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EU Allows Croatia To Join Schengen But Rejects Romania & Bulgaria For Border Free-zone

The ministers of the European Union have voted to accept Croatia into the Twenty six-nation, border-free Schengen zone, but have rejected Romania and Bulgaria.

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The ministers of the European Union have voted to accept Croatia into the Twenty six-nation, border-free Schengen zone, but have rejected Romania and Bulgaria. This decision was greeted with relief in Zagreb, but anger and dismay in Bucharest and Sofia. While Germany's foreign minister Annalena Baerbock called it a bad day for Europe, the EU home affairs commissioner Ylva Johansson felt disappointed. The European Commission had backed all three countries as all were meeting the criteria necessary for joining the zone. 

In 2013, Croatia joined the EU while Romania and Bulgaria became member states six years earlier, yet the two countries haven't been accepted for the border-free Schengen zone.

Croatia to decommission its border crossings with EU neighbours Slovenia and Hungary 

While praising the decision, Croatian Prime Minister Andrej Plenkovic said that Croatia will decommission its border crossings with EU neighbours Slovenia and Hungary on 1 January, the same day as it joins the euro. The Schengen zone was created in 1985 and has allowed people and goods to travel freely which means traveling without showing travel or customs documents which includes 22 of the EU's 27 states as well as Norway, Switzerland, Iceland, and Liechtenstein. 

Austria and the Netherlands voted against Romania and Bulgaria while citing the concerns of both countries being soft on illegal migration. The most vehement opposition came from Austria. While justifying his veto, Austrian Interior Minister Gerhard Karner said, "It is not right for a system that is not working in many places to be expanded at this time," reported BBC. In fact, the government in Vienna has also cited a rapid increase in the number of migrants entering Austria illegally through the West Balkan route.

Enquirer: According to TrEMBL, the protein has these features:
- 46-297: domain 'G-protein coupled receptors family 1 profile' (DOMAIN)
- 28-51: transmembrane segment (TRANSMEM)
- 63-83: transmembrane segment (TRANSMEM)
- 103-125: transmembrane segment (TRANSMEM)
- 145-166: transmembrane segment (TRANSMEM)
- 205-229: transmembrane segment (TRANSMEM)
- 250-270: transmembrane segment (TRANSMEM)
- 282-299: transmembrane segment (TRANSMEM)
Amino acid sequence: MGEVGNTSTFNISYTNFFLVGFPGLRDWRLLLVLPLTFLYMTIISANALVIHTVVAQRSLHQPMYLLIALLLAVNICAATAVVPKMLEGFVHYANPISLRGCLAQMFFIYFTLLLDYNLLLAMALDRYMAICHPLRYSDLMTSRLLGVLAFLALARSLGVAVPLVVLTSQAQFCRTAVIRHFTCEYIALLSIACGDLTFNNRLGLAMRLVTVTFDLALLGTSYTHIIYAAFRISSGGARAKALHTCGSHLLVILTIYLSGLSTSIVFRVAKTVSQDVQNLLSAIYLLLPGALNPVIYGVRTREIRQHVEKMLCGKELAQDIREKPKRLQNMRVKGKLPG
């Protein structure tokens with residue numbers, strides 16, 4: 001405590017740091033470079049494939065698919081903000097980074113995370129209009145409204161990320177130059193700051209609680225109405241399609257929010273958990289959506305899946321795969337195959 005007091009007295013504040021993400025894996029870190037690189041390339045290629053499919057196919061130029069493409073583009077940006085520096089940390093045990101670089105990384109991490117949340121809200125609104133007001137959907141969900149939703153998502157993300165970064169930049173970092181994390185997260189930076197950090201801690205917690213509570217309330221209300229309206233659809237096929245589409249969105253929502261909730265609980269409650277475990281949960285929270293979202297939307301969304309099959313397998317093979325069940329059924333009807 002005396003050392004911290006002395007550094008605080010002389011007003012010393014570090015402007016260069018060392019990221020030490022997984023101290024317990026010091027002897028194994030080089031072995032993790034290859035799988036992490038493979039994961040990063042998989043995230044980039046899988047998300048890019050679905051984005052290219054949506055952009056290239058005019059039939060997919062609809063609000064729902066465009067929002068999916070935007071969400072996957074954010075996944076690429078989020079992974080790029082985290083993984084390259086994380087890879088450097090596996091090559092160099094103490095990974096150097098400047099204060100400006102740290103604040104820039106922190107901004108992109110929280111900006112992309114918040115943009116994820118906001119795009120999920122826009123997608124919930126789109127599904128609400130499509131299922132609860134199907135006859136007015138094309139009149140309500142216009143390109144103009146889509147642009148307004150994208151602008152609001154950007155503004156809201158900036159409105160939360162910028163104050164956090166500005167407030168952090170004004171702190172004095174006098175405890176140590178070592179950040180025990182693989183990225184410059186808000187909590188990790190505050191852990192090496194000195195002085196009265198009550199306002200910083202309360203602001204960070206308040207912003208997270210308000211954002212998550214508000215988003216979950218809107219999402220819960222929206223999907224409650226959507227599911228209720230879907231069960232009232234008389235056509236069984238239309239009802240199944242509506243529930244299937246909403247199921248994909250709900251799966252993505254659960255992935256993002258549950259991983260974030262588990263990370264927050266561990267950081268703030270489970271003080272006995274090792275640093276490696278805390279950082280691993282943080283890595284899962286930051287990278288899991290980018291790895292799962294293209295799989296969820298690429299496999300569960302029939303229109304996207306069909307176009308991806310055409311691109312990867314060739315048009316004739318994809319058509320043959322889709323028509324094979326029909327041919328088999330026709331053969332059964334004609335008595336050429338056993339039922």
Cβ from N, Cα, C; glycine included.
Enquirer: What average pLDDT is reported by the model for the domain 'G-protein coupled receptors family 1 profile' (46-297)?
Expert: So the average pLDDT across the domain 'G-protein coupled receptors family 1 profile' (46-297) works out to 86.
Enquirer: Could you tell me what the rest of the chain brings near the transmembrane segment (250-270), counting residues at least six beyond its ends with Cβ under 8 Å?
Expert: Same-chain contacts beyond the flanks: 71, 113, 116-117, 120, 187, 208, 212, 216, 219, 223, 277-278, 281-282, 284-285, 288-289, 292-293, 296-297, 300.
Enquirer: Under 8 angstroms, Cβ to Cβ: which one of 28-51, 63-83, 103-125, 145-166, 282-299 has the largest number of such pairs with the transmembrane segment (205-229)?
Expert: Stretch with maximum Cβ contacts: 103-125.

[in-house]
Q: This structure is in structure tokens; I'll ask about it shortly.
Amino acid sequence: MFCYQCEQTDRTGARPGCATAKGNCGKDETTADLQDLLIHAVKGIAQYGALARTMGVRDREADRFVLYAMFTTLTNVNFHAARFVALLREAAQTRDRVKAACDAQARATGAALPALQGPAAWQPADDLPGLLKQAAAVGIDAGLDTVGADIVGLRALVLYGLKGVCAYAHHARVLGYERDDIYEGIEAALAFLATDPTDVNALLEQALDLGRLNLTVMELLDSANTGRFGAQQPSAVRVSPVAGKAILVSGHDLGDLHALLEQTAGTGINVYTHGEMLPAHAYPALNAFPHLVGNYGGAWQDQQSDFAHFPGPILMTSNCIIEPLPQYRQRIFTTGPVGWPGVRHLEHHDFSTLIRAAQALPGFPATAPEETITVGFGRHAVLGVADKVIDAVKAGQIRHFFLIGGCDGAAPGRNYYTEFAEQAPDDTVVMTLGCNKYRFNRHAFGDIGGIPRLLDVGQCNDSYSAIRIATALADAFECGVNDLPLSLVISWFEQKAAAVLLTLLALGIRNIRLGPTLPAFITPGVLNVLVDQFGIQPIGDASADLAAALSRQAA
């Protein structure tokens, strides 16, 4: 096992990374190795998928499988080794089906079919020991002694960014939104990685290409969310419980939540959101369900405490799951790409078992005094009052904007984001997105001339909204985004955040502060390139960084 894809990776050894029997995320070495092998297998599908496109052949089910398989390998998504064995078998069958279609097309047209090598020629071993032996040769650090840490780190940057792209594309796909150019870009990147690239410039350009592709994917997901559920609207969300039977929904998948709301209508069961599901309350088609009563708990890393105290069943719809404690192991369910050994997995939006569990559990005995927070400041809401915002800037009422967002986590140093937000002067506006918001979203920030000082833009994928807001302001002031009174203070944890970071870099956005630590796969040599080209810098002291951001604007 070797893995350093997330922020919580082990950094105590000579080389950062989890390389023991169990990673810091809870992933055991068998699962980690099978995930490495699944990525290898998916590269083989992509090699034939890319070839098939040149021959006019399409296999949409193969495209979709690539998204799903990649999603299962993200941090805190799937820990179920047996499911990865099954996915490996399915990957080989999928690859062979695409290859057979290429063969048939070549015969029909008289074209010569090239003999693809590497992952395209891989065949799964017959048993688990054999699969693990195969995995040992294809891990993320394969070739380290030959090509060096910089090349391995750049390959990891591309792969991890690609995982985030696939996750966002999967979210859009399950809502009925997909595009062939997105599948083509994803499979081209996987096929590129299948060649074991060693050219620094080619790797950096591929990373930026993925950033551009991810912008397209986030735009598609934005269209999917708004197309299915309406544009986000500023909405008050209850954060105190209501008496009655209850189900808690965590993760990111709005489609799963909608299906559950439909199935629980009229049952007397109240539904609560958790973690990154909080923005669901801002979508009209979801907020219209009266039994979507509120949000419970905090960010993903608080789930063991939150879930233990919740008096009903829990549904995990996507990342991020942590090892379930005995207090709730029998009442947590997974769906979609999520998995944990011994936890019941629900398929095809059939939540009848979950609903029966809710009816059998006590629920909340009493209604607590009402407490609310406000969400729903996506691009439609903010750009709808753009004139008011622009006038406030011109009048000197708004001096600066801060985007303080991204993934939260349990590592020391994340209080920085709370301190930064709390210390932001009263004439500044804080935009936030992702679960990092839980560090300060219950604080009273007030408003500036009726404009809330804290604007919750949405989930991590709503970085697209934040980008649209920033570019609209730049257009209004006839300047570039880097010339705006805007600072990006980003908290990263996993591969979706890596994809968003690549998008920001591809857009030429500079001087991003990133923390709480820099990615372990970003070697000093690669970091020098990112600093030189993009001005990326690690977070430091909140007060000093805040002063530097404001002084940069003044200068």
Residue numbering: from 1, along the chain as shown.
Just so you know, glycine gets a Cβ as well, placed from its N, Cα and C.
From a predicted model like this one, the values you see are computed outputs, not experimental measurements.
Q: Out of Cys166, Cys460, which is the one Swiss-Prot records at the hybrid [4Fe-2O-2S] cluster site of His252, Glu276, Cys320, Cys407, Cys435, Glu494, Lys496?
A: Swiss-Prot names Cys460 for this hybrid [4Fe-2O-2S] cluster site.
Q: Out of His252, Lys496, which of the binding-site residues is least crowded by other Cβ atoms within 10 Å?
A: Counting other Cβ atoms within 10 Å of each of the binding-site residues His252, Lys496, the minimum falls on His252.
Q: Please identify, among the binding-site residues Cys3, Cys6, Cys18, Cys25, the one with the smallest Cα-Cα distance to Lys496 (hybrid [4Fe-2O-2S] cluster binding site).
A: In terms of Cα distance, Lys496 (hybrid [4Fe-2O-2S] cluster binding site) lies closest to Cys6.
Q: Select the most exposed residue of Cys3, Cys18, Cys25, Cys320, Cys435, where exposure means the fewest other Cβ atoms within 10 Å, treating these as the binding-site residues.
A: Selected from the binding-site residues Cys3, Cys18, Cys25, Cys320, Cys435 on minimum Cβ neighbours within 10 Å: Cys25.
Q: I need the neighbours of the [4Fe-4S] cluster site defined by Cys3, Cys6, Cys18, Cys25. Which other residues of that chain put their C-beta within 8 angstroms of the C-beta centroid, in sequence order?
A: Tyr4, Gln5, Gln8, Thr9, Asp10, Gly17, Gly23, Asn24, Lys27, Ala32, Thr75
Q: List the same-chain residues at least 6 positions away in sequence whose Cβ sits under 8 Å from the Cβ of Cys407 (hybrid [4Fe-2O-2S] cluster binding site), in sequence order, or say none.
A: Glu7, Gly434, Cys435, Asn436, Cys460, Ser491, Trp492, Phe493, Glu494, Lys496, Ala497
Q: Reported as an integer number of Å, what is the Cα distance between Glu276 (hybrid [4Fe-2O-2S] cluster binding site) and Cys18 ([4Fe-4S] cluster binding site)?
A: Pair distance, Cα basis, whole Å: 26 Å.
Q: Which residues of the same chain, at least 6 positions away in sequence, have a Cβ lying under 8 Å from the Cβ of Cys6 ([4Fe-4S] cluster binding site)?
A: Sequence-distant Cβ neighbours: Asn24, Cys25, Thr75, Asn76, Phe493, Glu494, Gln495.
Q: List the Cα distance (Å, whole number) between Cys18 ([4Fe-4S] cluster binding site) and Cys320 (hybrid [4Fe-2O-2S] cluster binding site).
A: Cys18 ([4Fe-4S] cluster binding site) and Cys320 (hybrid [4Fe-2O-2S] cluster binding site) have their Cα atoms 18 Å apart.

However, political leaders in Romania and Bulgaria argued that relatively few cross their territory and that their bid to join Schengen has been derailed for political reasons. Romania acclaimed that it did not understand Austria's "inflexible decision". Further, Marcel Ciolacu added, "European unity and stability received a tough blow today from a state that chose, in difficult times, to abandon its European comrades and serve instead the interests of Russia." But Ivan Demerdzhiev, Bulgaria's acting interior minister, dealt with the decision more diplomatically as he said, "Austria has made it clear it is ready for compromise and wants a complete reform of the Schengen area in those places where the mechanisms do not work." The migration researcher Judith Kohlenberger pointed out that the majority of people who had come to Austria for protection were already in the EU.

"To blame Romania and Bulgaria but not Hungary or even Croatia, which continue systematic push-backs, is both irrational and hypocritical," she said as per BBC.

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